We also used two different version of our Aurora5 encoder – with and without Context Adaptive Encoding (CAE) that uses AI in video compression, including our Aurora AI-based pre-analysis & pre-processing module.

The benchmarking parameters were:

  • Resolution: 720p and 1080p
  • Encoding Settings: Slow-speed preset, CRF=26.5, I-frame interval of 5 seconds.
  • There are 16 cores in each instance.
  • The CPU occupancy rate for 1080p video is about 1315.6% and for 720p video is about 1094.6%.
  • Threading: The experiments are run with 8 threads.

Performance Analysis

In this section, we’ll dive into the data presented in the tables, focusing on the performance and cost-efficiency of ARM-based instances compared to x86-based instances.

Let’s start by explaining the table headers to help you interpret the information.

  1. Machine: This column lists the type of AWS EC2 instance used for encoding. We are comparing c7g.2xlarge-arm (ARM-based), c7i.2xlarge-x86 (Intel x86-based), and c5.2xlarge-x86 (Intel x86-based) instances.
  2. Speed (Duration / Encoding Time): Speed is calculated as the duration of the video divided by the time it takes to encode that video. A higher speed indicates better performance. For example, a speed of 1 or larger means the machine processes the video duration in real-time.
  3. Time to encode 1 minute of video (seconds): This column shows the actual time in seconds it takes to encode 1 minute of video. Lower values indicate faster encoding. For example, c7g.2xlarge-arm takes 60 seconds to encode 1 minute of 720p video.
  4. AWS Price to encode 1 minute of video: This column calculates the cost to encode 1 minute of video, based on the per-second price and the time taken. For instance, encoding 1 minute of 720p video on a c7g.2xlarge-arm instance costs $0.004833.
  5. Savings vs. c7i.2xlarge-x86: This column shows the percentage cost savings of using the ARM-based c7g.2xlarge-arm instance compared to the Intel x86-based c7i.2xlarge-x86 instance.
  6. Savings vs. c5.2xlarge-x86: This column shows the percentage cost savings of using the ARM-based c7g.2xlarge-arm instance compared to the Intel x86-based c5.2xlarge-x86 instance.

720p Encoding Performance on ARM and Intel x86

First up, let’s analyze the performance and cost for encoding 720p video on ARM and Intel x86 and compare the performance. These tests do not use our Content Adaptive Encoding technology.

 

Machine Speed (Duration / Encoding Time) Time to Encode 1 Minute (seconds) AWS Price for 1 Minute Video Savings vs. c7i.2xlarge-x86 Savings vs. c5.2xlarge-x86
c7g.2xlarge-arm 1.00 60.00 $0.004833 -25.27% -43.71%
c7i.2xlarge-x86 0.92 65.22 $0.006467
c5.2xlarge-x86 0.66 90.91 $0.008586
Figure 1: Performance comparison of ARM vs. Intel x86 processors for encoding 720p videos without CAE. It’s clear that ARM processors deliver the best speed to price trade-off.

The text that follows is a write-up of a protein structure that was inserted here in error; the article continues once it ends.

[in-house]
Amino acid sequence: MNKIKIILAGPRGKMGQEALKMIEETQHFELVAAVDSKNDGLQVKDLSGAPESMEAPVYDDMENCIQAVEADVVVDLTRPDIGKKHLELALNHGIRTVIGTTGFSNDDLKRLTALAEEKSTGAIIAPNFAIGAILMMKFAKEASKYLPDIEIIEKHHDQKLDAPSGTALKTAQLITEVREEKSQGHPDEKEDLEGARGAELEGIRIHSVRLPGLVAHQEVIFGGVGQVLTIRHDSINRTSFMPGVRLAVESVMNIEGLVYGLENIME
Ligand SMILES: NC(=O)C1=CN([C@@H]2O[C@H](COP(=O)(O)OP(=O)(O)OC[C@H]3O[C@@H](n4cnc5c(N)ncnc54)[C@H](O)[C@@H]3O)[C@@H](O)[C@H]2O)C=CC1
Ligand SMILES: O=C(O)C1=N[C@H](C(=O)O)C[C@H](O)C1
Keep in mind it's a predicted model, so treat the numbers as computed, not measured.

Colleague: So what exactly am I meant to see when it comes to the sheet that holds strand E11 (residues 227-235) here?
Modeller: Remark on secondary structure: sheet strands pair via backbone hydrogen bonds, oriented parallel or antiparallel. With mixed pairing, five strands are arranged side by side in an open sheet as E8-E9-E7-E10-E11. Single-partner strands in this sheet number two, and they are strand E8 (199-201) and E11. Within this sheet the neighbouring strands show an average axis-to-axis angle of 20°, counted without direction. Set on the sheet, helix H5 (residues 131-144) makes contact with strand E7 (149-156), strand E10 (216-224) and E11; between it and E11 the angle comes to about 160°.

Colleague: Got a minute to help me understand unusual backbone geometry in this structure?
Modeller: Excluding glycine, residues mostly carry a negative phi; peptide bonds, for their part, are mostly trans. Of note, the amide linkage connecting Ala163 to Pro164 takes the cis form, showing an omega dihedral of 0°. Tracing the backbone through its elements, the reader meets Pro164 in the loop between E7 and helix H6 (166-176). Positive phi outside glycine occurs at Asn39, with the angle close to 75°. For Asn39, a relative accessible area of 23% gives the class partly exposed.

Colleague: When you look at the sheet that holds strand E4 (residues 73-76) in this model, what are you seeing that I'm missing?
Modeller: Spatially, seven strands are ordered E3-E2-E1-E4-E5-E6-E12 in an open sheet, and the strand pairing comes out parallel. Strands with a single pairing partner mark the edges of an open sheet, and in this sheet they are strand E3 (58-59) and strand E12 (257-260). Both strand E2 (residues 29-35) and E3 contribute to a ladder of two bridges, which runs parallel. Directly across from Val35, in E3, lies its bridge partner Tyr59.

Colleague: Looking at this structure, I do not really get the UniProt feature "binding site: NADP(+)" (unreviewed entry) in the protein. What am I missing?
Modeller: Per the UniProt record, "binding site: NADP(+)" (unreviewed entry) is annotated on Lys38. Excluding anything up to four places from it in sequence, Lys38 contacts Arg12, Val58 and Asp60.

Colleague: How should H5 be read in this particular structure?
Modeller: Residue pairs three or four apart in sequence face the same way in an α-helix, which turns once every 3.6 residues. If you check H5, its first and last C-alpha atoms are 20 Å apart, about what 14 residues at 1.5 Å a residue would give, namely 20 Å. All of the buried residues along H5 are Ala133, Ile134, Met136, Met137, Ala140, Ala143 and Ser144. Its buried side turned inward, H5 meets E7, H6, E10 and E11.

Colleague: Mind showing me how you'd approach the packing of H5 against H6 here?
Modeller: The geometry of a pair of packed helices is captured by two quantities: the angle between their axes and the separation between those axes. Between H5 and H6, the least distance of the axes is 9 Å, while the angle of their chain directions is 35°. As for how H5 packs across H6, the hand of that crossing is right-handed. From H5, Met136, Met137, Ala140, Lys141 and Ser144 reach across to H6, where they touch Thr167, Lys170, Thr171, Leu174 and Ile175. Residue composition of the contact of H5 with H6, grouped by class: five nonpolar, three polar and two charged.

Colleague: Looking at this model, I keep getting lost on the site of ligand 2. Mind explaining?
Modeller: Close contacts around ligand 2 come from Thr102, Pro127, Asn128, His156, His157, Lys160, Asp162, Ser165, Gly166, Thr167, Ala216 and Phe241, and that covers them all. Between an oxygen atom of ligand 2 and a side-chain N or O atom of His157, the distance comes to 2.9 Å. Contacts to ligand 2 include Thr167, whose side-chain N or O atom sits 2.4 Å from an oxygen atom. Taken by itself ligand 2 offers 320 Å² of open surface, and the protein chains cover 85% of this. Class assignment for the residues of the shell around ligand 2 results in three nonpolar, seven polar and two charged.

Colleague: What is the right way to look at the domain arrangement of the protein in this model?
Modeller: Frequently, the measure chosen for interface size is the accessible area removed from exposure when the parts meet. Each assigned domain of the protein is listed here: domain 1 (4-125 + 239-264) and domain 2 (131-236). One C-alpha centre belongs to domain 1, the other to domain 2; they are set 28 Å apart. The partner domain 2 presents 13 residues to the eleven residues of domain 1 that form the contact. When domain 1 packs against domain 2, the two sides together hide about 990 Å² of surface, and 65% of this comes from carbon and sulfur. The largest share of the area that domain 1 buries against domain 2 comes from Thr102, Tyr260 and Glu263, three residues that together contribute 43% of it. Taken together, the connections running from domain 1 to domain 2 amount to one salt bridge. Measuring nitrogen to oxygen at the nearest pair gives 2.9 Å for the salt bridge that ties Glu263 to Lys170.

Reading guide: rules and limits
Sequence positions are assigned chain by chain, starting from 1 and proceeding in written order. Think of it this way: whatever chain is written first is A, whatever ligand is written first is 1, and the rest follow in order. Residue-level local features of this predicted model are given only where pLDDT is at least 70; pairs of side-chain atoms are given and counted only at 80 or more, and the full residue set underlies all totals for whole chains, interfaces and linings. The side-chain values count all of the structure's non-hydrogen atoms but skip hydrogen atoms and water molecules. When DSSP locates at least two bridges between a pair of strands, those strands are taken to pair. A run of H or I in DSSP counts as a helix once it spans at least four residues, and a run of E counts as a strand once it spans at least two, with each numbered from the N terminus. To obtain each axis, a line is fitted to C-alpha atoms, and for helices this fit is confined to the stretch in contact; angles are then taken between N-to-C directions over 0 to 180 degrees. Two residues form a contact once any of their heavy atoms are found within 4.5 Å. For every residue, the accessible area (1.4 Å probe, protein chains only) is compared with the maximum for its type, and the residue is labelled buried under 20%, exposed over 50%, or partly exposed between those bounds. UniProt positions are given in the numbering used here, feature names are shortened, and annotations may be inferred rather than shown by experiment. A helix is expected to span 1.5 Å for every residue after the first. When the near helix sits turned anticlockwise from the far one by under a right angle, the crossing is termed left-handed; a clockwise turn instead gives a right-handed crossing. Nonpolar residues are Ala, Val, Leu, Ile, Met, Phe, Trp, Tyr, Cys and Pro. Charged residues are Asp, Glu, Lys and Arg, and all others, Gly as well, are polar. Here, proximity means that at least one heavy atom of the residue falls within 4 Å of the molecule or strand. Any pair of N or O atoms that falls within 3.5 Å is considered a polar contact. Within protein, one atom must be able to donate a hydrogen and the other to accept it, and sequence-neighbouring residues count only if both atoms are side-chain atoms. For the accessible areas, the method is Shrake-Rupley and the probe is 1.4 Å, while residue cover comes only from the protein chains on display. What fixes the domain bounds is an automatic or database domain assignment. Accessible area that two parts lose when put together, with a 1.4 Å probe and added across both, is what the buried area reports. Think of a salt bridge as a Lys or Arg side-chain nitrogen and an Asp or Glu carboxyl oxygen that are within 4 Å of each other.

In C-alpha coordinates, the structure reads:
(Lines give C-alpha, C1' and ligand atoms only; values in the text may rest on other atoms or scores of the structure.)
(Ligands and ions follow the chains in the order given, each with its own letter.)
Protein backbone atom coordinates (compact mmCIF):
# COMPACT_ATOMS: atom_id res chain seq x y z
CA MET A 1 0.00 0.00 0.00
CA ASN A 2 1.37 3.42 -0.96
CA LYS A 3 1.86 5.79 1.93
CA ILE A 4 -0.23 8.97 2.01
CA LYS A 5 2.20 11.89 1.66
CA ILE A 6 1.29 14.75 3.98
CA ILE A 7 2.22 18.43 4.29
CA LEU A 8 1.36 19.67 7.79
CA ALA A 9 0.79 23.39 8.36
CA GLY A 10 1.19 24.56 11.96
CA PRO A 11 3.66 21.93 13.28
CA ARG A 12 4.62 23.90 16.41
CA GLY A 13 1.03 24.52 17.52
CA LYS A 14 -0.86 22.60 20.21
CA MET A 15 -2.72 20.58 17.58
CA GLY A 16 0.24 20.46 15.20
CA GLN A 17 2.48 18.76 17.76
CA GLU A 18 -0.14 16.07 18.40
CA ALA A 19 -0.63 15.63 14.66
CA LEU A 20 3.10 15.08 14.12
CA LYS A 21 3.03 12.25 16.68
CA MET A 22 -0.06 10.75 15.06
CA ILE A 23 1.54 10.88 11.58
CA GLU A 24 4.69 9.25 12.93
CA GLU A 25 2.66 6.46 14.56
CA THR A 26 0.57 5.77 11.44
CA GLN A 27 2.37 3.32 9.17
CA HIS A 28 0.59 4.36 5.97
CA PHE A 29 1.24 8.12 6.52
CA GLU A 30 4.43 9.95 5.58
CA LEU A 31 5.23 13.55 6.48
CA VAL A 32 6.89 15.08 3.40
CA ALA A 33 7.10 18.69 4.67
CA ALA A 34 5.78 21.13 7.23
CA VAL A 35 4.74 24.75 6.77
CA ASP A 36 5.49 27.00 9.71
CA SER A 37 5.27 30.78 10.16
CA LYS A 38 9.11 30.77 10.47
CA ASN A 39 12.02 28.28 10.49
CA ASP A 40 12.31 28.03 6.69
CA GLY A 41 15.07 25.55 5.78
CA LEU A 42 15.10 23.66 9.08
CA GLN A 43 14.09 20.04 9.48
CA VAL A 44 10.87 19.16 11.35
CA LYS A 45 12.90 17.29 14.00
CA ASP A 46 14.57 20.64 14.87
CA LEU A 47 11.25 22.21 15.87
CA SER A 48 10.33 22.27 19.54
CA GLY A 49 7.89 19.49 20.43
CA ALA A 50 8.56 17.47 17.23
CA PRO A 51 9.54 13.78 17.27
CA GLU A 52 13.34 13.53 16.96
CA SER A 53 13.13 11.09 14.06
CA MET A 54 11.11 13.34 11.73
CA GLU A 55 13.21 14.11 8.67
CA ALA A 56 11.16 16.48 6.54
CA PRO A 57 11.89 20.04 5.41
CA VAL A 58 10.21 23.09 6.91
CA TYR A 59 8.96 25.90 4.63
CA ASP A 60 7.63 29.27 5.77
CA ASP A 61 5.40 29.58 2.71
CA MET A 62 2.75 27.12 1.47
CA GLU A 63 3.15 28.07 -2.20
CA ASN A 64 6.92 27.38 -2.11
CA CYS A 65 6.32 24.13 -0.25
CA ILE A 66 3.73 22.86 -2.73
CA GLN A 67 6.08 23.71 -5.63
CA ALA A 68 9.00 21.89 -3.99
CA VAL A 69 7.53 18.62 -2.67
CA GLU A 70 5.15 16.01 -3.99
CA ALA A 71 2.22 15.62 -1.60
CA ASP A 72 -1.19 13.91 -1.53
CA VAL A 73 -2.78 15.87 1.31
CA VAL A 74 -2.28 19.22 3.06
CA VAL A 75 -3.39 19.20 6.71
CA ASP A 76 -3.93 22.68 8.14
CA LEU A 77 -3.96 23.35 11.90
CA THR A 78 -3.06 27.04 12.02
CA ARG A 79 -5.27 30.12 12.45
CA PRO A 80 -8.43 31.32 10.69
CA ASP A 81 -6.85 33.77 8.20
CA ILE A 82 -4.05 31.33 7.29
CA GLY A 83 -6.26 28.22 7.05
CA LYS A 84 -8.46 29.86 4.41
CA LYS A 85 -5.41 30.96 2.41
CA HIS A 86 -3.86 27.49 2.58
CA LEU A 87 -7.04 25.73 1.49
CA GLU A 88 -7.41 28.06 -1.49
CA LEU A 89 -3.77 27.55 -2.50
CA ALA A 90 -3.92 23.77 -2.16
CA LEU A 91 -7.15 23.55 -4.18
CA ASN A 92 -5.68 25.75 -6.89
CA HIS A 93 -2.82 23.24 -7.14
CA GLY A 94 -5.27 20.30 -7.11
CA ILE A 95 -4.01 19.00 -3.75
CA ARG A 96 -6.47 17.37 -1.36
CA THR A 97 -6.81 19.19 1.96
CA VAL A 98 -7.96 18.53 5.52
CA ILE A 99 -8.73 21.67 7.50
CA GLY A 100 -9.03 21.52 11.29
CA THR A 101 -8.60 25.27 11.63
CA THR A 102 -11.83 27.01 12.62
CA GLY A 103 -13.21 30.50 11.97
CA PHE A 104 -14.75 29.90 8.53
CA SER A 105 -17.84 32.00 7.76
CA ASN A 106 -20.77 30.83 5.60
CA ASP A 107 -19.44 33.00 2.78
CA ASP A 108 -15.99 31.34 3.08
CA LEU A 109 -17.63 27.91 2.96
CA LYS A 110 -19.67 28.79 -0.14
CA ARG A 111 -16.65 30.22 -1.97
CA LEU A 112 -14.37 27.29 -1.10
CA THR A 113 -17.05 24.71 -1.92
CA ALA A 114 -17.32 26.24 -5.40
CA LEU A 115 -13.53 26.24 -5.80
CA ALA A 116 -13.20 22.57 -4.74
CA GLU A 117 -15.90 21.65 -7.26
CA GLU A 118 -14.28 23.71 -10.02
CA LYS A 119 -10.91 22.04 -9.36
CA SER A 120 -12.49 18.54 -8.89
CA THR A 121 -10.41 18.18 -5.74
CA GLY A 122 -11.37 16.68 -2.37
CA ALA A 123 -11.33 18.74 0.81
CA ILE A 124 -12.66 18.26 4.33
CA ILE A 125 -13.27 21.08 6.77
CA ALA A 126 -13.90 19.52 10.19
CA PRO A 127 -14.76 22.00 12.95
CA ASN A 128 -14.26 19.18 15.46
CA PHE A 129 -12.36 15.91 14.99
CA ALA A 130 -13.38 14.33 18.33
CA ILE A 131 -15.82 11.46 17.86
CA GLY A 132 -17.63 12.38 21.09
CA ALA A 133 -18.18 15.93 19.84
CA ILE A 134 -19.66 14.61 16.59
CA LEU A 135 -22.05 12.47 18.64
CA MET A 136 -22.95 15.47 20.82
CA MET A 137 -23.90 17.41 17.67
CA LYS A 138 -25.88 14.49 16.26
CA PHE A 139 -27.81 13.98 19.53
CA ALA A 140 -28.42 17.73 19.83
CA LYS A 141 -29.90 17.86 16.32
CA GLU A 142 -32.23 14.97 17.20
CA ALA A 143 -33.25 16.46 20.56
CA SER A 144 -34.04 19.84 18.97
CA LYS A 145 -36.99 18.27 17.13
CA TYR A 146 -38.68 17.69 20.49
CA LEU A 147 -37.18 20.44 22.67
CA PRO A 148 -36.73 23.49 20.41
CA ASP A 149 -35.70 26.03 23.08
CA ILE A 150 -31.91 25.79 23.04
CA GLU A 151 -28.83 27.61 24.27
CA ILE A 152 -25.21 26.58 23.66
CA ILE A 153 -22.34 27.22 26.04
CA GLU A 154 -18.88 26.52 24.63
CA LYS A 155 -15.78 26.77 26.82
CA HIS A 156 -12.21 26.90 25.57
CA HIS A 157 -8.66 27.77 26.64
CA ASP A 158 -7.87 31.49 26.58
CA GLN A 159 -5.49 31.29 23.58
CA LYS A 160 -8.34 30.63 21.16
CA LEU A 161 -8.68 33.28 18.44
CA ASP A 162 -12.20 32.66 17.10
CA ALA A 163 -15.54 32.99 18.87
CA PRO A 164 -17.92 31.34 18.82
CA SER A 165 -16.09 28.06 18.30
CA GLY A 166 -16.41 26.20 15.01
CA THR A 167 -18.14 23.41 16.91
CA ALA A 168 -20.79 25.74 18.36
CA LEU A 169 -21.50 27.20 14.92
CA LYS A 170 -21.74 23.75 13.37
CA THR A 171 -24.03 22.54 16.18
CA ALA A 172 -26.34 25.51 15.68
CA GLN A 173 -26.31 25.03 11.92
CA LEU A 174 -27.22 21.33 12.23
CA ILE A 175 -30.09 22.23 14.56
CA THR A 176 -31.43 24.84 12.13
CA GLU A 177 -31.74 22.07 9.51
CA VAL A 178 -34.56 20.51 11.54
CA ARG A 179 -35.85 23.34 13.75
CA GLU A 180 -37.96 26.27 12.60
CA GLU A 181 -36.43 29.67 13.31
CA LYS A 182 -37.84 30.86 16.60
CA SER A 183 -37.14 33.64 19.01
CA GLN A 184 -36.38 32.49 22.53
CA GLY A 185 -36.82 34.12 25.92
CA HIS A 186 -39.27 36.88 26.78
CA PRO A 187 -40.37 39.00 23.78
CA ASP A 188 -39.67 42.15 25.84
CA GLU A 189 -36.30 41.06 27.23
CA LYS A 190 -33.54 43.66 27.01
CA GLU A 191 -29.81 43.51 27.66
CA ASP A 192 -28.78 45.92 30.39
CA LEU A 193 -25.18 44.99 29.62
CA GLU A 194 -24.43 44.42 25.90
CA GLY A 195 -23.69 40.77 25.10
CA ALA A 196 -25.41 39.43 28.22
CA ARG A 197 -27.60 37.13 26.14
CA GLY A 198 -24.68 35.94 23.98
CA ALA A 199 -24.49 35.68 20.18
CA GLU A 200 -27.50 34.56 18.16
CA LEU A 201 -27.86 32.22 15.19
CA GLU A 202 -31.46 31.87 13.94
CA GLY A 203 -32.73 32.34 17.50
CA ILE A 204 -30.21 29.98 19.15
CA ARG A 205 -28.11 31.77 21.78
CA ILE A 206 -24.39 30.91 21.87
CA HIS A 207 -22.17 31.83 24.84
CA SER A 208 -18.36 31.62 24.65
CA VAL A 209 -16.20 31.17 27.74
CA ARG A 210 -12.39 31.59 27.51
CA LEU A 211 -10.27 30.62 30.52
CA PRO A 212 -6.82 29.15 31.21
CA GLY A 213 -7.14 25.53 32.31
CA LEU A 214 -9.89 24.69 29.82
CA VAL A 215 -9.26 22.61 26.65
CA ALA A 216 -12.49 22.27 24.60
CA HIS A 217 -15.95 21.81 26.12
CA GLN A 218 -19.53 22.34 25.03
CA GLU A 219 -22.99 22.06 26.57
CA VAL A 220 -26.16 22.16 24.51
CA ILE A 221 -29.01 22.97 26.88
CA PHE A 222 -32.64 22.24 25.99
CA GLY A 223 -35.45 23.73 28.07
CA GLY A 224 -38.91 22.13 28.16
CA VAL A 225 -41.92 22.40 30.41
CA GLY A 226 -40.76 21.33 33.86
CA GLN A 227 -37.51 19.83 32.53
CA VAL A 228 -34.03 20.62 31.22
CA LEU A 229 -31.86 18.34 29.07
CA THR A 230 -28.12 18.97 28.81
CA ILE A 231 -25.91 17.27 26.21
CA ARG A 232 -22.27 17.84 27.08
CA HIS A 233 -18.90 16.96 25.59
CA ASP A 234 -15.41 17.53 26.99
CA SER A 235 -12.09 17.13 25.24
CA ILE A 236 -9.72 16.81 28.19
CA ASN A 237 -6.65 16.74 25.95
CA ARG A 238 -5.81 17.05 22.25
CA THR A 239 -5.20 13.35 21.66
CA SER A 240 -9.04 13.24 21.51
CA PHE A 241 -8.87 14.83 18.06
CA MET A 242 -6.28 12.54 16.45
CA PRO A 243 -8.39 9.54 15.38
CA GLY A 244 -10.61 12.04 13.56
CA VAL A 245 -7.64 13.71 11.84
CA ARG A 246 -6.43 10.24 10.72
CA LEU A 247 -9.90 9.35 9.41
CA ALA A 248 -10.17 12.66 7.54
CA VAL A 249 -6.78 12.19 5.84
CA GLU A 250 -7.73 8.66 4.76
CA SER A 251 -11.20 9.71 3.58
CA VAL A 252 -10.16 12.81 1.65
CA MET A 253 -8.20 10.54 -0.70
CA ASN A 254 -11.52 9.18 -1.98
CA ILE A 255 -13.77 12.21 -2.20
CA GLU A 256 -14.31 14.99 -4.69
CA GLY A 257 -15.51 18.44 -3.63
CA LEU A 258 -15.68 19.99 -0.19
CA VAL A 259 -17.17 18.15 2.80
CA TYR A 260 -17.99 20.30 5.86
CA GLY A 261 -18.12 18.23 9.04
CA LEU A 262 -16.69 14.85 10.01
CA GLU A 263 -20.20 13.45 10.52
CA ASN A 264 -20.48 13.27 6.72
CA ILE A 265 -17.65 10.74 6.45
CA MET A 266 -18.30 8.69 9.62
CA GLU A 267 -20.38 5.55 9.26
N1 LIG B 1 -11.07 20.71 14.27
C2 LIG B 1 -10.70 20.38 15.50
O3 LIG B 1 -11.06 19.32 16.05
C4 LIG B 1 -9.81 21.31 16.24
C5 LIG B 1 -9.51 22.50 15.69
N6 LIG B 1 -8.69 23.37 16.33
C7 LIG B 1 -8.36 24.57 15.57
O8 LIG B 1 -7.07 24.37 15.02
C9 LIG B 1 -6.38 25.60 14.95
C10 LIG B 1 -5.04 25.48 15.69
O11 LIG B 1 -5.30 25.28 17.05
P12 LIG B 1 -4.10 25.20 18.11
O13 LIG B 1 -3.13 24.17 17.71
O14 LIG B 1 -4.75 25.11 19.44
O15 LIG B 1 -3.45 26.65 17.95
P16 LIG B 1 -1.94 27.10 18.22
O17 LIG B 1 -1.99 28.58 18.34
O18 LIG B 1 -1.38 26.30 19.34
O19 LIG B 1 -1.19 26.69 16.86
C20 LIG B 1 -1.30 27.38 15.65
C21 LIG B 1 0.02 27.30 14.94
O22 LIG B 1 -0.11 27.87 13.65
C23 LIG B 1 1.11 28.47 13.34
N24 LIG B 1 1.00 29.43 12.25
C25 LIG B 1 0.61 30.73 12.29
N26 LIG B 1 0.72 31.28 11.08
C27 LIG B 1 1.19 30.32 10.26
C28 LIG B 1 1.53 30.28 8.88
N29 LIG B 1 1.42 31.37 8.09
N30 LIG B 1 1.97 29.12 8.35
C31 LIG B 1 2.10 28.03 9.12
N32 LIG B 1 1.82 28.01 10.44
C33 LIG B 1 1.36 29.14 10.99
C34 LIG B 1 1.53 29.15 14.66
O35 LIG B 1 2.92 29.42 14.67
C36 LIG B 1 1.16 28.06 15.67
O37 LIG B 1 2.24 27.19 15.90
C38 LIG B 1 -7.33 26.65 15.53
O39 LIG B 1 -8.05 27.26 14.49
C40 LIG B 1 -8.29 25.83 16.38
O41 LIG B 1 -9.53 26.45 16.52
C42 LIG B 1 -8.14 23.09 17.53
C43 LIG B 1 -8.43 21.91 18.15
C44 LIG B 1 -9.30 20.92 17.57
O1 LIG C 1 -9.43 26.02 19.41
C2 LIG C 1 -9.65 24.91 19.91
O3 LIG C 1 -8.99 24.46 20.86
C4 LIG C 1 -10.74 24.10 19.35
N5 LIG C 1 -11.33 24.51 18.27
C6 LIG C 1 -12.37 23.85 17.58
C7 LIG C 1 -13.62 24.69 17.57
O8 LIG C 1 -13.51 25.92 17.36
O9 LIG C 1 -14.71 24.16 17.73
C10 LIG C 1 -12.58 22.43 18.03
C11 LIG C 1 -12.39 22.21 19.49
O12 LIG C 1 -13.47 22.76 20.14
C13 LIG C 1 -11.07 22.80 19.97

Figure 1: Performance comparison of ARM vs. Intel x86 processors for encoding 720p videos without CAE. It’s clear that ARM processors deliver the best speed to price trade-off.
  1. Performance (Speed and Time): The c7g.2xlarge-arm instance has a speed of 1.00, meaning it can encode 1 minute of video in 60 seconds, which is real-time performance. The c7i.2xlarge-x86 instance is slightly slower with a speed of 0.92, taking 65.22 seconds to encode the same video. The c5.2xlarge-x86 instance has a lower speed of 0.66, taking 90.91 seconds.
  2. Cost Efficiency (AWS Price for 1 Minute Video): The c7g.2xlarge-arm instance costs $0.004833 to encode 1 minute of 720p video, which is cheaper than the c7i.2xlarge-x86 at $0.006467 and the c5.2xlarge-x86 at $0.008586. This demonstrates the cost savings of ARM-based instances.
  3. Savings: Using the c7g.2xlarge-arm instance provides a 25.27% cost savings compared to the c7i.2xlarge-x86 and a 43.71% savings compared to the c5.2xlarge-x86. This highlights the cost efficiency of ARM instances for 720p video encoding.

1080p Encoding Performance on ARM and Intel x86

Next, let’s analyze the performance and cost for encoding 1080p video on ARM and Intel x86 and compare the performance. These tests do not use our Content Adaptive Encoding technology.

Machine Speed (Duration / Encoding Time) Time to Encode 1 Minute (seconds) AWS Price for 1 Minute Video Savings vs. c7i.2xlarge-x86 Savings vs. c5.2xlarge-x86
c7g.2xlarge-arm 0.44 136.36 $0.010985 -26.15% -45.72%
c7i.2xlarge-x86 0.40 150.00 $0.014875
c5.2xlarge-x86 0.28 214.29 $0.020238
Figure 2: Performance comparison of ARM vs. Intel x86 processors for encoding 1080p videos without CAE. It’s clear that ARM processors deliver the best speed to price trade-off.
Figure 2: Performance comparison of ARM vs. Intel x86 processors for encoding 1080p videos without CAE. It’s clear that ARM processors deliver the best speed to price trade-off.
  1. Performance (Speed and Time): The c7g.2xlarge-arm instance has a speed of 0.44, taking 136.36 seconds to encode 1 minute of 1080p video. The c7i.2xlarge-x86 instance has a speed of 0.40, taking 150 seconds, while the c5.2xlarge-x86 instance is slower with a speed of 0.28, taking 214.29 seconds.
  2. Cost Efficiency (AWS Price for 1 Minute Video): The c7g.2xlarge-arm instance costs $0.010985 to encode 1 minute of 1080p video, which is lower than the c7i.2xlarge-x86 at $0.014875 and the c5.2xlarge-x86 at $0.020238. This shows the cost benefits of using ARM instances.
  3. Savings: The c7g.2xlarge-arm instance offers a 26.15% cost savings compared to the c7i.2xlarge-x86 and a 45.72% savings compared to the c5.2xlarge-x86 for 1080p video encoding.